7 Costs to Consider Before Moving to a Different Apartment or Home Rental
- Moving to a new apartment or home rental may come with additional costs.
- Pet deposits, utilities, parking, and moving expenses are some costs to consider before signing a new lease.
Moving to a different rental could impact your finances.
If you're unhappy with your current home, you may be thinking of moving to a new place. While it can be exciting to move into a new rental home, you want to make sure that you can afford your new living situation without ignoring your monthly budget. Find out what expenses you should consider before moving to a different apartment or home rental.
1. Rental costs
One of the highest costs to consider is the monthly rental price. You want to make sure that the cost of your new rental fits in with your budget. Housing prices, including rentals, have been rising in recent months, so you may end up paying higher rental prices. Before signing a new lease, make sure that you won't be putting yourself in a difficult financial situation.
Not all rentals have the same utility costs or come with the same utility responsibilities. Some rentals include some or all utilities, while others require renters to cover all utility costs. As you look at rental options, figure out which utilities you're responsible for and estimate what you'll pay.
A larger space could also result in higher utility costs. It's also worth noting that some utility costs like internet and cable can vary from one ZIP code to another.
3. Security deposit
Most rentals require a security deposit to be paid before you move in. This fee helps protect the landlord against any damage you may cause to their property. If you take care of the property, you will get this money back when your lease ends.
Security deposit fees are often equal to one month's rent -- but that may not always be the case.
This is an added expense to consider as you look at potential rentals. Since you likely won't get your previous rental security deposit back until after moving out, you'll need to make sure you have extra money put away in your savings account.
4. Pet fees
If you have pets, you may need to spend more money as a renter. Some landlords require renters to pay an additional pet deposit in case of damage to the home. You may also have to pay an additional monthly fee to allow your furry companion to live with you.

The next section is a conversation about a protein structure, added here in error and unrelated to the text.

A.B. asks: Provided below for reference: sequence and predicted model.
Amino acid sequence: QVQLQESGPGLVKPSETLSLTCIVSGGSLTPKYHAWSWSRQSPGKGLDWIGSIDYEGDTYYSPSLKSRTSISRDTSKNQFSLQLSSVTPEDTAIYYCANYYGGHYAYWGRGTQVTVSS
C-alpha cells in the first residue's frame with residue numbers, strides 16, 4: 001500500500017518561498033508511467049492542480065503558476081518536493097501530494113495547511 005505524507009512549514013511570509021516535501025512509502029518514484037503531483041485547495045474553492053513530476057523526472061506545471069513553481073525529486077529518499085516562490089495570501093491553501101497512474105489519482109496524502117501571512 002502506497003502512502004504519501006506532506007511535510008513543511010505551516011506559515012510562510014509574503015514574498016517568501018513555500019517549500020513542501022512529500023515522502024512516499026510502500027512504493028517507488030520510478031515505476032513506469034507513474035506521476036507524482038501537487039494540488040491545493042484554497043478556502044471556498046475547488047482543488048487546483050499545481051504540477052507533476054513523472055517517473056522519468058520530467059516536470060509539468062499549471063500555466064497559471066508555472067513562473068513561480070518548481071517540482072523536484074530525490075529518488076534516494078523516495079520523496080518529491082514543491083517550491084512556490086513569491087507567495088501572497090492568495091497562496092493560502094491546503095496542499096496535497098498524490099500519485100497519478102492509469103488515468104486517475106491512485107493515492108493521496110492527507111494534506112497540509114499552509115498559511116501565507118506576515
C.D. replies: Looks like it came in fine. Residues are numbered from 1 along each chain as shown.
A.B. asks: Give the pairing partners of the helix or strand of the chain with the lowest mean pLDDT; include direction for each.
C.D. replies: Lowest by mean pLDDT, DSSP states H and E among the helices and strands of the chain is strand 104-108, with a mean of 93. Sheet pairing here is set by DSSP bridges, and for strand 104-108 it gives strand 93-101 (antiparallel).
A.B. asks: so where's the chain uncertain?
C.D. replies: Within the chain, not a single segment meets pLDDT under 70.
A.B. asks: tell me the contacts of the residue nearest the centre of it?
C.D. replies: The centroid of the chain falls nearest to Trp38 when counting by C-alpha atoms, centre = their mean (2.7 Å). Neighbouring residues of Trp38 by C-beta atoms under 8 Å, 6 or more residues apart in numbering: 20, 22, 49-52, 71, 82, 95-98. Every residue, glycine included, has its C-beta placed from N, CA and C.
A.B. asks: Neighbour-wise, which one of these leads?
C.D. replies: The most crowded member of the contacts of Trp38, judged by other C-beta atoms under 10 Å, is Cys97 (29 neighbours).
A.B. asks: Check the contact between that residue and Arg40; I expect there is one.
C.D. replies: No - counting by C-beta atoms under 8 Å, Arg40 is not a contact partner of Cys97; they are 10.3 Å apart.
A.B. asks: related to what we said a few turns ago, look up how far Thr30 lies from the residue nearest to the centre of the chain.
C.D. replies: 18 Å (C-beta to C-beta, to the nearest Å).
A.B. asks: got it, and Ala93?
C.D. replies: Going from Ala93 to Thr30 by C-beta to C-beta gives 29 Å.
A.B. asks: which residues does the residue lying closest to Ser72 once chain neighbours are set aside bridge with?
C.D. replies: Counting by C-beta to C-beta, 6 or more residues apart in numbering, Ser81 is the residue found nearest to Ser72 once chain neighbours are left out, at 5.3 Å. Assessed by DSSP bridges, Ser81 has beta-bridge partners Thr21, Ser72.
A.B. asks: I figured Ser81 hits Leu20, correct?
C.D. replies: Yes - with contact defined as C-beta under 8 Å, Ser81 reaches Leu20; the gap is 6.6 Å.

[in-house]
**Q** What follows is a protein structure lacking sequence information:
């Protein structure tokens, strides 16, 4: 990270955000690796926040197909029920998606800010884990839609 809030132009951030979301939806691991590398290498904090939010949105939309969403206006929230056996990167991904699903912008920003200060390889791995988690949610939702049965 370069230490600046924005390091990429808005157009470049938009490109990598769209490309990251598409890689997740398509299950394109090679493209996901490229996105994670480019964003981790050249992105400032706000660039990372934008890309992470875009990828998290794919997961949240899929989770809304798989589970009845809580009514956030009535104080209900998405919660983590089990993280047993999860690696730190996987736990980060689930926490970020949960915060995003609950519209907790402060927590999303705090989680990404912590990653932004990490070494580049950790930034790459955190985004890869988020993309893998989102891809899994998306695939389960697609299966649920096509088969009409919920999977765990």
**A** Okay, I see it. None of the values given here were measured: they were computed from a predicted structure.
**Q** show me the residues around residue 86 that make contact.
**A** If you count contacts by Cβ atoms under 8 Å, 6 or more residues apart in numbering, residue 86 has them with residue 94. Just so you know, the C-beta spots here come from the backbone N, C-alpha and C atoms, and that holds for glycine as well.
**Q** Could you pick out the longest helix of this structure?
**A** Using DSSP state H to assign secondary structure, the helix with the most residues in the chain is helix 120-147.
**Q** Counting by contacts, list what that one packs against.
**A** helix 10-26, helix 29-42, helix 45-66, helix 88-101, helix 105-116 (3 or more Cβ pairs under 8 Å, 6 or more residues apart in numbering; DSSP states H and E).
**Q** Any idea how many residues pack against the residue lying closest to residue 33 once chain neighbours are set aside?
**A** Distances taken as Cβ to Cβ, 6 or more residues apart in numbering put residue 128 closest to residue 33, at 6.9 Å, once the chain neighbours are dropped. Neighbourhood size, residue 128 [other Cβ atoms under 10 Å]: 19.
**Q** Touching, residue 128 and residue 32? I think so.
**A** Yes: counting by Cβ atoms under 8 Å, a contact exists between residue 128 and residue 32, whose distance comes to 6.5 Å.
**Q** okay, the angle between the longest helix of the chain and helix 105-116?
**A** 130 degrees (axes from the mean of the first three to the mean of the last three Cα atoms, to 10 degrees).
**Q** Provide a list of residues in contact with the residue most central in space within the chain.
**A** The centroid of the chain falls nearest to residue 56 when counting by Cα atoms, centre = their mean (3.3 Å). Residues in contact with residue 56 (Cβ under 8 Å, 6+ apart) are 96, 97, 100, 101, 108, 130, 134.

A new home could also mean an entirely new parking situation. If you're moving to an area with limited free street parking, you may want to explore other parking options. If available, it may make sense to pay extra for a paid parking spot or onsite parking garage.
If you're moving to a new home where free parking is plentiful, you may be able to reduce or eliminate your current parking expenses.
Some rental apartments or homes come with additional amenities to improve your living situation. These added amenities are usually built into the monthly rental price you pay.
Consider what amenities are included with a rental and decide if it's worth the extra cost. If you don't plan to use the amenities, paying a higher rental price may not be worth it.
In some cases, you may be able to eliminate some of your own monthly expenses. For example, if your new apartment has fitness facilities onsite, you may be able to get rid of your monthly gym membership fee.
7. Moving costs
A move will likely impact your bank account. Buying quality moving supplies, getting a moving truck or van, and hiring movers all come at a cost. Even if you plan to move without professional help, you will likely have to spend extra money moving from one home to another.
Moving to a new home is a big deal. Consider your financial goals and review your budget before committing to a new rental. This can help you avoid added financial stress.
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